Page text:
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Therapy of heart failure in hemodialysis patients

Charles A Herzog, MD
William L Henrich, MD, MACP
Alfred K Cheung, MD
Section Editor
Jeffrey S Berns, MD
Deputy Editor
Alice M Sheridan, MD


Systolic or diastolic ventricular dysfunction can lead to clinically evident heart failure (HF), even when the hemodialysis patient is at or near "dry weight." Myocardial disease and cardiovascular drugs can also reduce hemodynamic reserve, making the patient more vulnerable to episodes of hypotension during dialysis.

The following discussion will present the therapeutic approach to the hemodialysis patient with chronic HF.


To be able to follow clinical practice guidelines on the treatment of congestive HF, a clinician (eg, nephrologist) must be able to assign a functional class to an individual patient. Classification schemes in HF (such as New York Heart Association [NYHA] functional class) do not account for the dynamic/tidal nature of volume status in hemodialysis patients. It would not be unusual for the same patient to have a higher (more severe) NYHA class 3 before hemodialysis session compared with shortly after. A proposed functional classification scheme, specifically for dialysis patients, was developed by the Acute Dialysis Quality Initiative (ADQI) XI Workgroup [1]. The three elements of the proposed HF staging system are:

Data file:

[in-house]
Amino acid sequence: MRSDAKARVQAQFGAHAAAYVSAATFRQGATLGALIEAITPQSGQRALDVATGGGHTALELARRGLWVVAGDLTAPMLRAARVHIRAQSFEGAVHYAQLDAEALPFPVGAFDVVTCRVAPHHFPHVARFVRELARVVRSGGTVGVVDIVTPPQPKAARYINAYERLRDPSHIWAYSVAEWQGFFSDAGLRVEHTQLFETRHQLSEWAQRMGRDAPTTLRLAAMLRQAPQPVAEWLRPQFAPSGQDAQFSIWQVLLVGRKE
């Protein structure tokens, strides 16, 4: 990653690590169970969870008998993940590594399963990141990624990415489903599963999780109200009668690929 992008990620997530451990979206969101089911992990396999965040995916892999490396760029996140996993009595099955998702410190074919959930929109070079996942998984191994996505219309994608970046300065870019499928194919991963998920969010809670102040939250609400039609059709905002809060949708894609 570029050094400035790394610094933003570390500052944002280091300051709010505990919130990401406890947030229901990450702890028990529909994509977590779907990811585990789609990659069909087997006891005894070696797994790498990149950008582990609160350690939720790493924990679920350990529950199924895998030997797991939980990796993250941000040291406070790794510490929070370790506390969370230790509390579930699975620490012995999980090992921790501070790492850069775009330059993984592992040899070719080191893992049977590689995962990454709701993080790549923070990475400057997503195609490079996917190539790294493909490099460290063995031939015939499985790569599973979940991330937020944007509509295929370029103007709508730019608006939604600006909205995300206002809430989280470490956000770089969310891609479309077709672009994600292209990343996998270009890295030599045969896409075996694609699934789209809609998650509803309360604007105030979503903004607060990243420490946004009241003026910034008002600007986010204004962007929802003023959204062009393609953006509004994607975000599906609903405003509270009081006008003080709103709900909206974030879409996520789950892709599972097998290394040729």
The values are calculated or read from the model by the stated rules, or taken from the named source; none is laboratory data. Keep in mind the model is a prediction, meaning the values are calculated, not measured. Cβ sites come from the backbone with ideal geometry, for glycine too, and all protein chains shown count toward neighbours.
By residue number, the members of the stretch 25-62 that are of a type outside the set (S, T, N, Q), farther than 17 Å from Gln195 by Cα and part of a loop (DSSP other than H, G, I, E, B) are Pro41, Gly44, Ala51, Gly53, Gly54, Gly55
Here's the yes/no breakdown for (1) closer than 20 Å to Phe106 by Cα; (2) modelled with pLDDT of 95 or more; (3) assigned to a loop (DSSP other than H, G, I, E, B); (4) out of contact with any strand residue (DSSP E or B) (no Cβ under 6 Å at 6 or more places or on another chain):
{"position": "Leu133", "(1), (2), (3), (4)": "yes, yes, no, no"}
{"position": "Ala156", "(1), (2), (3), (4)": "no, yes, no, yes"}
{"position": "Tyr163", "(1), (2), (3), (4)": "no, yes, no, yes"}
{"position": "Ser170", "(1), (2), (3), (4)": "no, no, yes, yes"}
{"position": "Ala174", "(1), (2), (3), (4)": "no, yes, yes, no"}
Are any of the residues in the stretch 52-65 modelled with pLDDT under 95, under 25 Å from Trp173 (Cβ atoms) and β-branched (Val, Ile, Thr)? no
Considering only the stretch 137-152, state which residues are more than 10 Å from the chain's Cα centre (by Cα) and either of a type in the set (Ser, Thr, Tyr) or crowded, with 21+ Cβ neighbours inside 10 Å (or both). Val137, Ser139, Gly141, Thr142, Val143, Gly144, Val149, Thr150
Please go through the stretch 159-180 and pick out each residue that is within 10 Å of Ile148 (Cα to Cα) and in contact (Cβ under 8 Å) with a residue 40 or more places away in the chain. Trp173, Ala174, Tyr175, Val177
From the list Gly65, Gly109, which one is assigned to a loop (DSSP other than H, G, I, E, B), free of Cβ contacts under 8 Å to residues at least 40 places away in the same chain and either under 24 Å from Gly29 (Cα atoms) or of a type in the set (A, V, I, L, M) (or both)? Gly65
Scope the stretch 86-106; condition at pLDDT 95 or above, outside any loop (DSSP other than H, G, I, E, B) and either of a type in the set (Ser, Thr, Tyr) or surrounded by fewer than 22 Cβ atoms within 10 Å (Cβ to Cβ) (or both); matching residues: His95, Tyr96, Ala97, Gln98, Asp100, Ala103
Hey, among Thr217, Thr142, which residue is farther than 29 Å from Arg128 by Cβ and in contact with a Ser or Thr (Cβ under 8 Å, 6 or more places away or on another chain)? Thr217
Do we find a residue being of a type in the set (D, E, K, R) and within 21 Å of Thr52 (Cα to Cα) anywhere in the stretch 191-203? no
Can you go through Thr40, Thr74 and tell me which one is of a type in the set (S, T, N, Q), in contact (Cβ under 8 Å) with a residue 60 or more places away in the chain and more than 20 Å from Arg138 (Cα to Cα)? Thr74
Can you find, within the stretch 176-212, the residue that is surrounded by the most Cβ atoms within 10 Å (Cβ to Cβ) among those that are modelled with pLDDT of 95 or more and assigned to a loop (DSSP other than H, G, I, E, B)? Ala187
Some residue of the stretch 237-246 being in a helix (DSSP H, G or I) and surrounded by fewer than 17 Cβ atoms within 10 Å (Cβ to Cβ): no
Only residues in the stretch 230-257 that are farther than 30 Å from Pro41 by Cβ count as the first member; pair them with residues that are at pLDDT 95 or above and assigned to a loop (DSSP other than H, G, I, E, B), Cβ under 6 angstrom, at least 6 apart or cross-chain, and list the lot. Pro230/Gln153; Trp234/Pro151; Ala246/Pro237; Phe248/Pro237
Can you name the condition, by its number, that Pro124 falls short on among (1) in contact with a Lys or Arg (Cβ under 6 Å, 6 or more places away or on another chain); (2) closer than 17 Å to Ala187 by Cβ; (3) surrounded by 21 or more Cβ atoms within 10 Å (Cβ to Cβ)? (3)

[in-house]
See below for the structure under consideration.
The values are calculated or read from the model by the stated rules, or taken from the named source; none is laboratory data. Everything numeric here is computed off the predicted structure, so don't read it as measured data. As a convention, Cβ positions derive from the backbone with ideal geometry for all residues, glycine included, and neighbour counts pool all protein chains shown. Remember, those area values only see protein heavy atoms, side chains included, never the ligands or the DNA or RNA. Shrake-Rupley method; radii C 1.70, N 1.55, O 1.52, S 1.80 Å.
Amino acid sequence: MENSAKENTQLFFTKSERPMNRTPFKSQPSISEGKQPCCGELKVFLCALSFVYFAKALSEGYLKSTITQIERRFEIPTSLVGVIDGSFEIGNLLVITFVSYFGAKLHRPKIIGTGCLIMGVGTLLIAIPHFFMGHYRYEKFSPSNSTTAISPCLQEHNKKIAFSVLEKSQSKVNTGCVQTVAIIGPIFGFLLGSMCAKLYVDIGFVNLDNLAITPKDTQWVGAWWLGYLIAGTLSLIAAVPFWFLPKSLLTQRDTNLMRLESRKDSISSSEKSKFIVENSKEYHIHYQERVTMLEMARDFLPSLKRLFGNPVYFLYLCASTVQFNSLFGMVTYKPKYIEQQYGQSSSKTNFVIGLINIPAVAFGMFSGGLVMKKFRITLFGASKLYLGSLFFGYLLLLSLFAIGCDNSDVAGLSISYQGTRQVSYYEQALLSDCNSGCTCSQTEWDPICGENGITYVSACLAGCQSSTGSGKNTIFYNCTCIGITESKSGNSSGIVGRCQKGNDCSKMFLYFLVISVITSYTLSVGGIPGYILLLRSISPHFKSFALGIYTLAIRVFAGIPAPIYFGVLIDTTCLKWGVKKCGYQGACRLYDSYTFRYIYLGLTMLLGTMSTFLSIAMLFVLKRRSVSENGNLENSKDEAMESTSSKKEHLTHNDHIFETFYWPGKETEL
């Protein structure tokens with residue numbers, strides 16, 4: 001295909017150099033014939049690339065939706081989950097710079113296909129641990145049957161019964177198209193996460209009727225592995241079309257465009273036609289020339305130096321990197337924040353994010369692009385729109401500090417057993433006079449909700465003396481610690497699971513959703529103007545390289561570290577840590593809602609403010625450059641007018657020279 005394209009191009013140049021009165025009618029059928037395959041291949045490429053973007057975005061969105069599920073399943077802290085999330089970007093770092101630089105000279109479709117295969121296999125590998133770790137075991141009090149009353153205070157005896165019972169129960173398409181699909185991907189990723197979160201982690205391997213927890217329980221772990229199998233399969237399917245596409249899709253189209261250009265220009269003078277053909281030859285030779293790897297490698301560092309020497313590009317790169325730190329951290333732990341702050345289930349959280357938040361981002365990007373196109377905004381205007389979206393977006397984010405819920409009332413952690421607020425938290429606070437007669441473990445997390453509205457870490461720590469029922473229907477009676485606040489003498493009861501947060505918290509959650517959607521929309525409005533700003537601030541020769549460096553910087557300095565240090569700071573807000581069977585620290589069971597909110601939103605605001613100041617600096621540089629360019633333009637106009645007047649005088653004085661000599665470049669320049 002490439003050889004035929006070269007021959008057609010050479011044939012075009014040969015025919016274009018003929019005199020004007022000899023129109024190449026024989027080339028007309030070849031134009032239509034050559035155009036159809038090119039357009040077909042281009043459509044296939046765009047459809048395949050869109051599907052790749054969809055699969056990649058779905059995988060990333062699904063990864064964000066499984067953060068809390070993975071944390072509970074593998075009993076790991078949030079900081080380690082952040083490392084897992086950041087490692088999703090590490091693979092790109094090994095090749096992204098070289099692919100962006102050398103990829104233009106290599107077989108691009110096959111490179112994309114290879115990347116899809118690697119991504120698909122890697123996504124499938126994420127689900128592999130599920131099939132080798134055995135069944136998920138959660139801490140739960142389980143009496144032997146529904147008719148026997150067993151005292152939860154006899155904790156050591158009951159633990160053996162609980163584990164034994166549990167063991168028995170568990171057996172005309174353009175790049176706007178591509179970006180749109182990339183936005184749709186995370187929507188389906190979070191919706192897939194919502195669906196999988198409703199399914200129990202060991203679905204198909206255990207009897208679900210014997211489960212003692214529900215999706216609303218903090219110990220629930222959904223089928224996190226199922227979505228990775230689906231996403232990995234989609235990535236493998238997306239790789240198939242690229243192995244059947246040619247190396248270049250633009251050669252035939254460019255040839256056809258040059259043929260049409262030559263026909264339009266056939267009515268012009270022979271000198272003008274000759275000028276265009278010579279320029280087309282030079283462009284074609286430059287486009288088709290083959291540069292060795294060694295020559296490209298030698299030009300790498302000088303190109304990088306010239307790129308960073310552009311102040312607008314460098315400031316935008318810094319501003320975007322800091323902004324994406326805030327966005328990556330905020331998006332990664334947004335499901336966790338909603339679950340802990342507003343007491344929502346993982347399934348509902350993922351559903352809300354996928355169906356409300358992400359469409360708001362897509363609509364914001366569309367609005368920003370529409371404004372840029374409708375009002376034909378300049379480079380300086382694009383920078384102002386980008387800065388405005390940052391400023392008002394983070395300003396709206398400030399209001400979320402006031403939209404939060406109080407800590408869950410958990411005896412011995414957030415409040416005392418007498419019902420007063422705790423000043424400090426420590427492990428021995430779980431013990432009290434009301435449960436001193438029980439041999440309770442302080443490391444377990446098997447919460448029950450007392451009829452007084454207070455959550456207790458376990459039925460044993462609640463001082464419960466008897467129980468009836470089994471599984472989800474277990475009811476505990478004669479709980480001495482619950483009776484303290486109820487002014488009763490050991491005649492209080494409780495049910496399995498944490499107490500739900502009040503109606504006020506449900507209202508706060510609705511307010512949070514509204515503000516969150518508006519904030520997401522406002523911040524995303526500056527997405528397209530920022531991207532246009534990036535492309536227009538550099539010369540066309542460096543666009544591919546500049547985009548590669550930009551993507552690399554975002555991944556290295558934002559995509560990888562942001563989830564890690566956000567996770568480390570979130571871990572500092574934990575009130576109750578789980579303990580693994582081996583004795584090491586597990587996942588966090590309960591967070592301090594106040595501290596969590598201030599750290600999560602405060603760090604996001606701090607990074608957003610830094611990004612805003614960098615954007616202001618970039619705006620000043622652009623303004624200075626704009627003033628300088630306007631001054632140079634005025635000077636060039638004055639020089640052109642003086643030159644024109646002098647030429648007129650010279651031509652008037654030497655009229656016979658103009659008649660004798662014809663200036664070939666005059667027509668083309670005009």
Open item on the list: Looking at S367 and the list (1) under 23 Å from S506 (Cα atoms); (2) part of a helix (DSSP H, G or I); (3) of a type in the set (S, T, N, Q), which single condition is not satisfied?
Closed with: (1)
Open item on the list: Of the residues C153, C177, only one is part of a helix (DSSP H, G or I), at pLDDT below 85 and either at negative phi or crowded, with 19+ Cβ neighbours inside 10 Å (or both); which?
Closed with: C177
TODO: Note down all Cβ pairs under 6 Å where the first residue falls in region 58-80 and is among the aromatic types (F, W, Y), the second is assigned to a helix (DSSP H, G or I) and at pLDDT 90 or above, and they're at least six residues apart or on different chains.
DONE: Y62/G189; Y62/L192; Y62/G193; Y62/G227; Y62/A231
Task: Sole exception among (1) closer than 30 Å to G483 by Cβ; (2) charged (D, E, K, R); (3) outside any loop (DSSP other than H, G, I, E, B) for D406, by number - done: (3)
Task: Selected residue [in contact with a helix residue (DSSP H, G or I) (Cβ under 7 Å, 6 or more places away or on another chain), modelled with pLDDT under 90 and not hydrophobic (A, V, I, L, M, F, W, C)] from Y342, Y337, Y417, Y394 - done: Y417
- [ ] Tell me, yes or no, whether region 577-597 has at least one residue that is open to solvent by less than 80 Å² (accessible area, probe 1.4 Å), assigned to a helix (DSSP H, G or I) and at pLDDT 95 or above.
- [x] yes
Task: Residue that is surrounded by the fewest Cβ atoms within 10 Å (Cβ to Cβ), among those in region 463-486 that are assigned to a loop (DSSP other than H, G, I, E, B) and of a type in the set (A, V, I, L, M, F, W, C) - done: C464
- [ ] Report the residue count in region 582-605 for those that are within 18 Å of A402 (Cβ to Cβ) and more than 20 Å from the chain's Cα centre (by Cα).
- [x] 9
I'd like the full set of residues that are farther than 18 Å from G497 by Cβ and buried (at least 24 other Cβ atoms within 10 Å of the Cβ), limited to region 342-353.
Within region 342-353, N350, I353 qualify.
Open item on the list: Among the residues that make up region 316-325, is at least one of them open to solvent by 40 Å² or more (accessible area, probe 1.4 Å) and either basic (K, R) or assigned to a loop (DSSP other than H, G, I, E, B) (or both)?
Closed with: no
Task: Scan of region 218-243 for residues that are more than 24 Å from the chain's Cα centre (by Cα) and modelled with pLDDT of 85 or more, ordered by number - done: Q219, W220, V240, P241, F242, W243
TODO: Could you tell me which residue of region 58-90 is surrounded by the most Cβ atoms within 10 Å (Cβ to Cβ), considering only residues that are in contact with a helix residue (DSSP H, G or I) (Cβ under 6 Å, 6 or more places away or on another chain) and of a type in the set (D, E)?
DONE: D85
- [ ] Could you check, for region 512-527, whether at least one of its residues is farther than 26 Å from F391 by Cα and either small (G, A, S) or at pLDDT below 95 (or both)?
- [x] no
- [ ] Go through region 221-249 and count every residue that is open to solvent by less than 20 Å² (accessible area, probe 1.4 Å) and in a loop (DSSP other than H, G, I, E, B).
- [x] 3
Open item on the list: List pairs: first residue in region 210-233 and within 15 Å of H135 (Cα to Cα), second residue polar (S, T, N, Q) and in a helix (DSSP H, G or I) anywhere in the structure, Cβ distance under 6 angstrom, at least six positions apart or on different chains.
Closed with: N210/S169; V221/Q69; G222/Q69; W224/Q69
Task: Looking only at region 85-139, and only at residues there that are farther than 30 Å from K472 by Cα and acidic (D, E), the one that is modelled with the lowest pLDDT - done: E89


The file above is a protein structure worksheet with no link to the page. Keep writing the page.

Standardized echocardiographic evidence of structural and/or functional cardiac abnormalities (table 1)

Dyspnea occurring in the absence of primary lung disease, including isolated pulmonary hypertension (ie, not due to elevation in pulmonary capillary wedge pressure)

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Literature review current through: Nov 2017. | This topic last updated: May 10, 2017.
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